Senate Forum Focuses on New Student Support Fund


Effie-Kline Salamon

College junior Dyaami D’Orazio discusses her thoughts on the allocation of the new Student Support Initiative Fund. The fund has over $700,000 for students of color and disabled, low-income or at-risk students.

Elizabeth Dobbins, News Editor

Students discussed the allocation of the Student Support Initiatives Fund during a Student Senate-led forum on Tuesday evening. Board of Trustees Chair Clyde McGregor donated $500,000 to create the fund for students of color, low-income, at-risk or disabled students. Other donors have since pledged more money to the fund, increasing the total to about $700,575.

The fund was created after College senior and Student Senator Megs Bautista had breakfast with President Krislov to convey her concerns regarding the lack of support for low-income students beyond the financial aid packages granted during the admission process.

“I was like, ‘So it’s really awesome that you guys give us generous financial aid packages when you do, but you kind of stop and forget about us after the fact,’” Bautista said during the forum on Tuesday. “So once the paperwork is in, what happens to my books? … What happens when my computer happens to break, which it did? So on and so forth. … There’s a post-FAFSA or financial aid or whatever burden that is not being paid attention to.”

During the forum, students discussed how to best allocate the fund, as well as the definition of the vague stipulation “at-risk.”

Senator and double-degree sophomore Jeremy Poe said that by defining “at-risk,” students can interpret this term for the administration and influence the fund’s allocation.

“When Clyde gave this money, the only stipulations he gave were these words,” Poe said during the forum. “I was talking to [Vice President and Dean of Students] Eric Estes, and he’s going to push for, by next week with Krislov, having [a] more clear-cut procedure for how we encourage them to use this fund, or who it should be used for and what the stipulations should be. I think that’s why this conversation is valuable, because we can push for that and push for a better understanding instead of just the phrase “at-risk” and “low-income.” Our definition of what that means I think is very important, and having a better understanding will let us advocate better.”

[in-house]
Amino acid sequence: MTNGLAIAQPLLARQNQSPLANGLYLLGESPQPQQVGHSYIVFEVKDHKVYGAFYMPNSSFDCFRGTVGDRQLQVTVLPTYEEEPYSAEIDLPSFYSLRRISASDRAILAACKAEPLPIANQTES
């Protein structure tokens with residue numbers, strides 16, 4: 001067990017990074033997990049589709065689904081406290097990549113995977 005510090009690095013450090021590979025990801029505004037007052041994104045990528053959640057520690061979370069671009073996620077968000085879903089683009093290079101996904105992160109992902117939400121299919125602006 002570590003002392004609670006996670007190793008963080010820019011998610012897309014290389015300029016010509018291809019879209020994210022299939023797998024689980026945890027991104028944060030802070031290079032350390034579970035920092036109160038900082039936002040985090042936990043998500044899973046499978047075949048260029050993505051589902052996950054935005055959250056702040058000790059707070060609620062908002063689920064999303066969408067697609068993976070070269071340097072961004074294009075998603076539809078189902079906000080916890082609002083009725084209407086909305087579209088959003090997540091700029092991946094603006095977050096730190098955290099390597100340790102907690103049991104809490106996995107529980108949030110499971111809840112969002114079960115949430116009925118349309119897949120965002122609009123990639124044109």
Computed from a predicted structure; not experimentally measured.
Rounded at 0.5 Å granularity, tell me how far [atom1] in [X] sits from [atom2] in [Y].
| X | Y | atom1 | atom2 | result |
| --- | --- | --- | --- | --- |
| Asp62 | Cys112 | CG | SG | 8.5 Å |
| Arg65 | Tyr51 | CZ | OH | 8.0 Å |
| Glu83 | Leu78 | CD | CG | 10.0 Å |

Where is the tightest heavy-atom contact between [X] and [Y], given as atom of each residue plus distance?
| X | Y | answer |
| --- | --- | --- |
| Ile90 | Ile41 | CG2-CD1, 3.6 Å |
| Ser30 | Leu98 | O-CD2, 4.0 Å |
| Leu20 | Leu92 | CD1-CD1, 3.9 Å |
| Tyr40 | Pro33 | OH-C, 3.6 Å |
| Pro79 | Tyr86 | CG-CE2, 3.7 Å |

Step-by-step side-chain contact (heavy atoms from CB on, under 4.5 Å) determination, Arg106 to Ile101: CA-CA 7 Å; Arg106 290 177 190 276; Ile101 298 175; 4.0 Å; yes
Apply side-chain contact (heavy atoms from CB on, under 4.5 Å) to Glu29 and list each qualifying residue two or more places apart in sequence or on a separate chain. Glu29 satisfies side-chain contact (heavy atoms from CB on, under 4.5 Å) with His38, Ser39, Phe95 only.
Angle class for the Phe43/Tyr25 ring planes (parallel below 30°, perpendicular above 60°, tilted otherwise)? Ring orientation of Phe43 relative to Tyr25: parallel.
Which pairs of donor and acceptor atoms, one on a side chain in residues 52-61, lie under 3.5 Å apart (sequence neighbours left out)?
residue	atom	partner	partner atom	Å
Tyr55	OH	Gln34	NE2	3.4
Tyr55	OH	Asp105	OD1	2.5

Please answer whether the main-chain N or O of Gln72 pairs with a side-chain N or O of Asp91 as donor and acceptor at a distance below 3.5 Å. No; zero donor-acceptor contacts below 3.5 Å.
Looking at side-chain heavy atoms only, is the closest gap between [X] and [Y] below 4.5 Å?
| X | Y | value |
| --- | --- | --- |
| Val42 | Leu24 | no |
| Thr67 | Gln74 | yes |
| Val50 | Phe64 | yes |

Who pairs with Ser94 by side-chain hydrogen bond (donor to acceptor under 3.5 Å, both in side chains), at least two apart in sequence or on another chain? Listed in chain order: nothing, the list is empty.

Some students suggested that the category of “at-risk” overlaps with the other groups outlined in the fund’s language as possible recipients: low-income, first-generation and disabled students, as well as students of color. However, others discussed a more expansive definition of “at-risk,” which included students who struggle or have struggled with drug or alcohol addiction.

Bautista also raised the possibility of using the fund to support students during specific events that may put them at-risk.

“The Oberlin College Republicans and Libertarians just brought this speaker to campus [who] was terrible,” she said. “There were events that happened as alternative spaces that were requesting funding so that they could program. Does that count as “at-risk”? … I personally think it does.”

After proposing several definitions for “at-risk,” students discussed possible programs to support, expand or create using money from the fund. These proposals included plans to increase the financial accessibility of club and intramural sports, traveling home and summer work-study programs or internships.

Some expressed hope that the fund could fill in the gaps left by other programs, such as the recently expanded Emergency Book Fund, which provides loans, not direct funds, for any student who needs assistance buying books for class. Several students want this new fund to provide money for supplies for art classes and textbooks without requiring the users to pay the school back.

College senior and Student Senator Molly Brand emphasized that this will be an ongoing fund and an opportunity to support smaller initiatives.

“This fund is not established to be spent all at once, so we don’t have to be thinking of [the] biggest possible way we can spend $500,000. But what are some small programs that [are] really important [to support] that you’ve heard of?” Brand asked.

A Senate working group will gather the ideas from this forum to organize a list of possible uses for the fund at a meeting on Sunday and then present the list of suggestions to Estes on May 7.

Estes said part of the fund has already been allocated to several programs and the Student Senate forum is a way to get additional student input.

“It is being used to support a range of services to support students, primarily related to economic accessibility but other critical support resources like disability support and mental and emotional health support,” said Estes in an email to the Review. “So some of the money has been committed to expand peer-mentoring programs like Peer Mentors and Student Accessibility Advocates and increase the yield of endowed funds for books and medical emergencies. The fund is helping to support part of [the new] position in [Office of Disability Services] and the piloting of Saturday hours at Student Health Services. These priorities were created with input from students. Senate is soliciting input from students on potential additional allocations of the funds.”